Tiger and Punkinhead


Medium: Newspaper comics
Distributed by: King Features Syndicate
First Appeared: 1965
Creator: Bud Blake
If this site is enjoyable or useful to you,
Please contribute to its necessary financial support.
Amazon.com or PayPal

Comics starring kids were certainly nothing new in the mid-1960s. But they'd changed a lot since the days of Henry and Little Jimmy. Following in the footsteps of …

continued below

… Charles Schulz's Peanuts, Mell Lazarus's Miss Peach and other postwar comics, Bud Blake's Tiger concerned children who were, at their core, just kids, but somewhat more modern and sophisticated than Little Iodine, Buster Brown, the cast of Reg'lar Fellers, or for that matter, that of Just Kids itself.

Not that Tiger was as great a classic as the work of Schulz and Lazarus, but it was well received from the day King Features Syndicate launched it, May 3, 1965; and has been a familiar part of the daily and Sunday comics pages, in approximately 120 newspapers, ever since.

Blake's cartooning talents were originally used in advertising. But by 1954, when he was in his mid-30s, he'd grown tired of all the administrative details of that field (not to mention commuting), and opted for a less frustrating and annoying way of making a living. His first work in the funnies was a series of daily panels without continuing characters, simply titled Humorous Cartoons. A couple of years later, they received the only slightly more specific title Bud Blake Panel. Still later, it was titled Ever Happen to You? Meanwhile, he continued doing advertising art on a freelance basis. It was a comic titled Junior, part of a calendar he did, advertising aspirin, that inspired him to create Tiger.

The characterizations aren't strikingly original, at least in their broad strokes. Tiger himself is a pretty typical kid, about 8 years old or so. He has a younger brother, Punkinhead, who supplies the naive yet insightful observations. (For example, it was Punkinhead who named the spotted family dog "Stripe", because of his "round stripes".) Tiger's best pal is Hugo, who eats a lot and isn't especially bright. Hugo is balanced by Julian, a walking font of every kind of knowledge. There are also a couple of girls, Bonnie (loud and pushy) and Suzy (soft-spoken and well-liked).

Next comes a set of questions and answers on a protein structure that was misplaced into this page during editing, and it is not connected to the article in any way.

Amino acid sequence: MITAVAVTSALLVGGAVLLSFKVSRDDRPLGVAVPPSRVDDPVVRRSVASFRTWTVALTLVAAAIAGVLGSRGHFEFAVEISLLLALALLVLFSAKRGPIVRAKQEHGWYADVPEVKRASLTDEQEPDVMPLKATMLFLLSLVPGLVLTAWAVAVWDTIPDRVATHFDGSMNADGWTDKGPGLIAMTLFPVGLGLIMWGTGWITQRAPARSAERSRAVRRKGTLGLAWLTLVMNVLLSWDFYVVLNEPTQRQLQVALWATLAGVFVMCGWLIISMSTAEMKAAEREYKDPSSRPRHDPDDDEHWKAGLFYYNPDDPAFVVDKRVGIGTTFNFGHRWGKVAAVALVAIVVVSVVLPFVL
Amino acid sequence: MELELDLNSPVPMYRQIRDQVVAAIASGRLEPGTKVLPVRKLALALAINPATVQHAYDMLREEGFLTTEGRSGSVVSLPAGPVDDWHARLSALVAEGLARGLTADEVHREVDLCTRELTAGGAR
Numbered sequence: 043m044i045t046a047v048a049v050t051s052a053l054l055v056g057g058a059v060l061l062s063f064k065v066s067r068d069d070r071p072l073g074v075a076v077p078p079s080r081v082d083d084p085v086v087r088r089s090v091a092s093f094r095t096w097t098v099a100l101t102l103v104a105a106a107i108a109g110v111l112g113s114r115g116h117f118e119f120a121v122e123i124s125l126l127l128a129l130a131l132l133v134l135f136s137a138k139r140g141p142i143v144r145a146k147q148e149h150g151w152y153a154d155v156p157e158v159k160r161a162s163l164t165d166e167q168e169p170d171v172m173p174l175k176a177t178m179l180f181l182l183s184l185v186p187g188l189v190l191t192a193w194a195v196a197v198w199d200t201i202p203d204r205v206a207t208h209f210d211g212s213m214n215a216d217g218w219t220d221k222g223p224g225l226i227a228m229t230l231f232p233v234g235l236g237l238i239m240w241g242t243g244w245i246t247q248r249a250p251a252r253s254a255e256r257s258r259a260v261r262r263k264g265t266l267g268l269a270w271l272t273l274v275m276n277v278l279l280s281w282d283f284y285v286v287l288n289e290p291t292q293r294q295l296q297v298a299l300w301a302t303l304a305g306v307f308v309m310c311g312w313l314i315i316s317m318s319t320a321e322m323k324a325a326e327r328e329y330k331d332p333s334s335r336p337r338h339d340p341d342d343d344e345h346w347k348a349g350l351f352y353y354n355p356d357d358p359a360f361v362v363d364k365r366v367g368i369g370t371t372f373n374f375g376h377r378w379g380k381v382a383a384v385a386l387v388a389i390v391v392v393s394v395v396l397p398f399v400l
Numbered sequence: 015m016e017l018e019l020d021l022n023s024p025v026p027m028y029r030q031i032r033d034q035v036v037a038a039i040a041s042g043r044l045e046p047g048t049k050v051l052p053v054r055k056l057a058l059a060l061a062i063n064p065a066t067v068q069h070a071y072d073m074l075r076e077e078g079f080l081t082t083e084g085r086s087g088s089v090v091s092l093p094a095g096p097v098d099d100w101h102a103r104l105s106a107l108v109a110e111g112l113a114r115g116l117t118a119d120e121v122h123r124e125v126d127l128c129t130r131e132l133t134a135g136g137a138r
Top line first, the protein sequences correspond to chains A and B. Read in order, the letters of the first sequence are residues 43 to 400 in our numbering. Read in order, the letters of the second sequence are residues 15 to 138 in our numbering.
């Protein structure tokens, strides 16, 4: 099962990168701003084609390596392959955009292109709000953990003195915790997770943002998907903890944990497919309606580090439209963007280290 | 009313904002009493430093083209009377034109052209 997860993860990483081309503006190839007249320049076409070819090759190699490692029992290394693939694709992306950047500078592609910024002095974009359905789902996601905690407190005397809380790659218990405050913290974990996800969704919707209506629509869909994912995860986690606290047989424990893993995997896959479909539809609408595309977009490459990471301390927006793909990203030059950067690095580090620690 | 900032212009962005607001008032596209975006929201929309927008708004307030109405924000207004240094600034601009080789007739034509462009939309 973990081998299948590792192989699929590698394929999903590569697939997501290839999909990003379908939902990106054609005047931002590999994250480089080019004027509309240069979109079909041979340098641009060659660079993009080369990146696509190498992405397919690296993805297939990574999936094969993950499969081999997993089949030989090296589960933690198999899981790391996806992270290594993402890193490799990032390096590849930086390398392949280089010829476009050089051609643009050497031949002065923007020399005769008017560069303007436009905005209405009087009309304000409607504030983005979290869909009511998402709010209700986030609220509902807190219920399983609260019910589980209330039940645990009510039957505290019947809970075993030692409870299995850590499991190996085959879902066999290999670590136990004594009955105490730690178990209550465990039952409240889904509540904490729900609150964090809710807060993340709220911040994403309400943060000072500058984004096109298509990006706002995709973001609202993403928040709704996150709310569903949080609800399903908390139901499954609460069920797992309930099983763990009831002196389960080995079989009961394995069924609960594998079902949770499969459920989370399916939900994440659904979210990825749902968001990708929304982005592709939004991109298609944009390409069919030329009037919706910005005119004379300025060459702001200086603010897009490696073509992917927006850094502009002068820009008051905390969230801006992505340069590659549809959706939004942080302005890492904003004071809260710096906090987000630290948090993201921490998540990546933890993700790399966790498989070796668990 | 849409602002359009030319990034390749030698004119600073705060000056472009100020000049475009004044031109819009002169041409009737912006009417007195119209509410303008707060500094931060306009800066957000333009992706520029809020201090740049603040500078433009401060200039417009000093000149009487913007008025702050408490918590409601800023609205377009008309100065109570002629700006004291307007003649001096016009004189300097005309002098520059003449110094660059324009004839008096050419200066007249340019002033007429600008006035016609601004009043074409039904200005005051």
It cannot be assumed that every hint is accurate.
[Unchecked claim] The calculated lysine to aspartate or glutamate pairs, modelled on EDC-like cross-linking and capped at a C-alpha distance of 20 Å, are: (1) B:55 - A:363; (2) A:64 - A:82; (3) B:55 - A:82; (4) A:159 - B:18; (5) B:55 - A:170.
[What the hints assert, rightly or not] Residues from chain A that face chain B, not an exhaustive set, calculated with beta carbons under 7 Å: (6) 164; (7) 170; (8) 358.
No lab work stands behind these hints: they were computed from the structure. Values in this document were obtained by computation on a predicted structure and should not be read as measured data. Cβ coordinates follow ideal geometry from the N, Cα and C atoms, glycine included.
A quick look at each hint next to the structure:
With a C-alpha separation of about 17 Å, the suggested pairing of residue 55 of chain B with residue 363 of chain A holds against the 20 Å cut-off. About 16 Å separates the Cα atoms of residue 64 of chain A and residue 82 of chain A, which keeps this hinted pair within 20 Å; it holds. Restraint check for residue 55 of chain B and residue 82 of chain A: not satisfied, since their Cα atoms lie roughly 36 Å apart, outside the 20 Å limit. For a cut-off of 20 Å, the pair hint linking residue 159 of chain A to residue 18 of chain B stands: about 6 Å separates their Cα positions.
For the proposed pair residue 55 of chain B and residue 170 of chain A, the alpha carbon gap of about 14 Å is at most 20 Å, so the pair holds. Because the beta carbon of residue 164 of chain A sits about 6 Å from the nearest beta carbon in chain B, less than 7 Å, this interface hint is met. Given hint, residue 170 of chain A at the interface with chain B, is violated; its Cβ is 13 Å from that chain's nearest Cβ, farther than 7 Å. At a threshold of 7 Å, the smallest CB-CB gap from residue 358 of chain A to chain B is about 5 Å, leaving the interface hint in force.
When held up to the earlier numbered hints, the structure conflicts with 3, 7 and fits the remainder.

Tiger has never been animated or turned into a TV sitcom. But it was one of several King Features strips (others included Hi & Lois and Flash Gordon) adapted into comic books by Charlton Comics in the early 1970s. Charlton's Tiger ran eight issues, March 1970 through January 1971, drawn by Frank Johnson (Boner's Ark). Later in the decade, Charlton and King collaborated on a series of comics to promote reading skills among young people, using such characters as Beetle Bailey and Hagar the Horrible. Tiger co-starred with Ted Shearer's Quincy in the first of them, and in a later one with Gordon Bess's Redeye.

The Tiger strip has received a lot of praise for the quality of Blake's artwork. "Deceptively simple" is a phrase frequently applied to it, much like that of Henry Boltinoff (DC Comics) or O. Soglow (The Little King). But the humor aspect has been praised as well. In fact, The National Cartoonists' Society has awarded him no less than three plaques for Best Humor Strip of the year.

Bud Blake retired in 2004, and Tiger went into reruns. It continued that way beyond his death in 2005. As timeless as the gags are, the reruns can go on for a long time to come.


BACK to Don Markstein's Toonopedia™ Home Page
Today in Toons: Every day's an anniversary!

Web www.toonopedia.com

Purchase Comic Strip Reprints Online

Text ©2005-08 Donald D. Markstein. Art © King Features.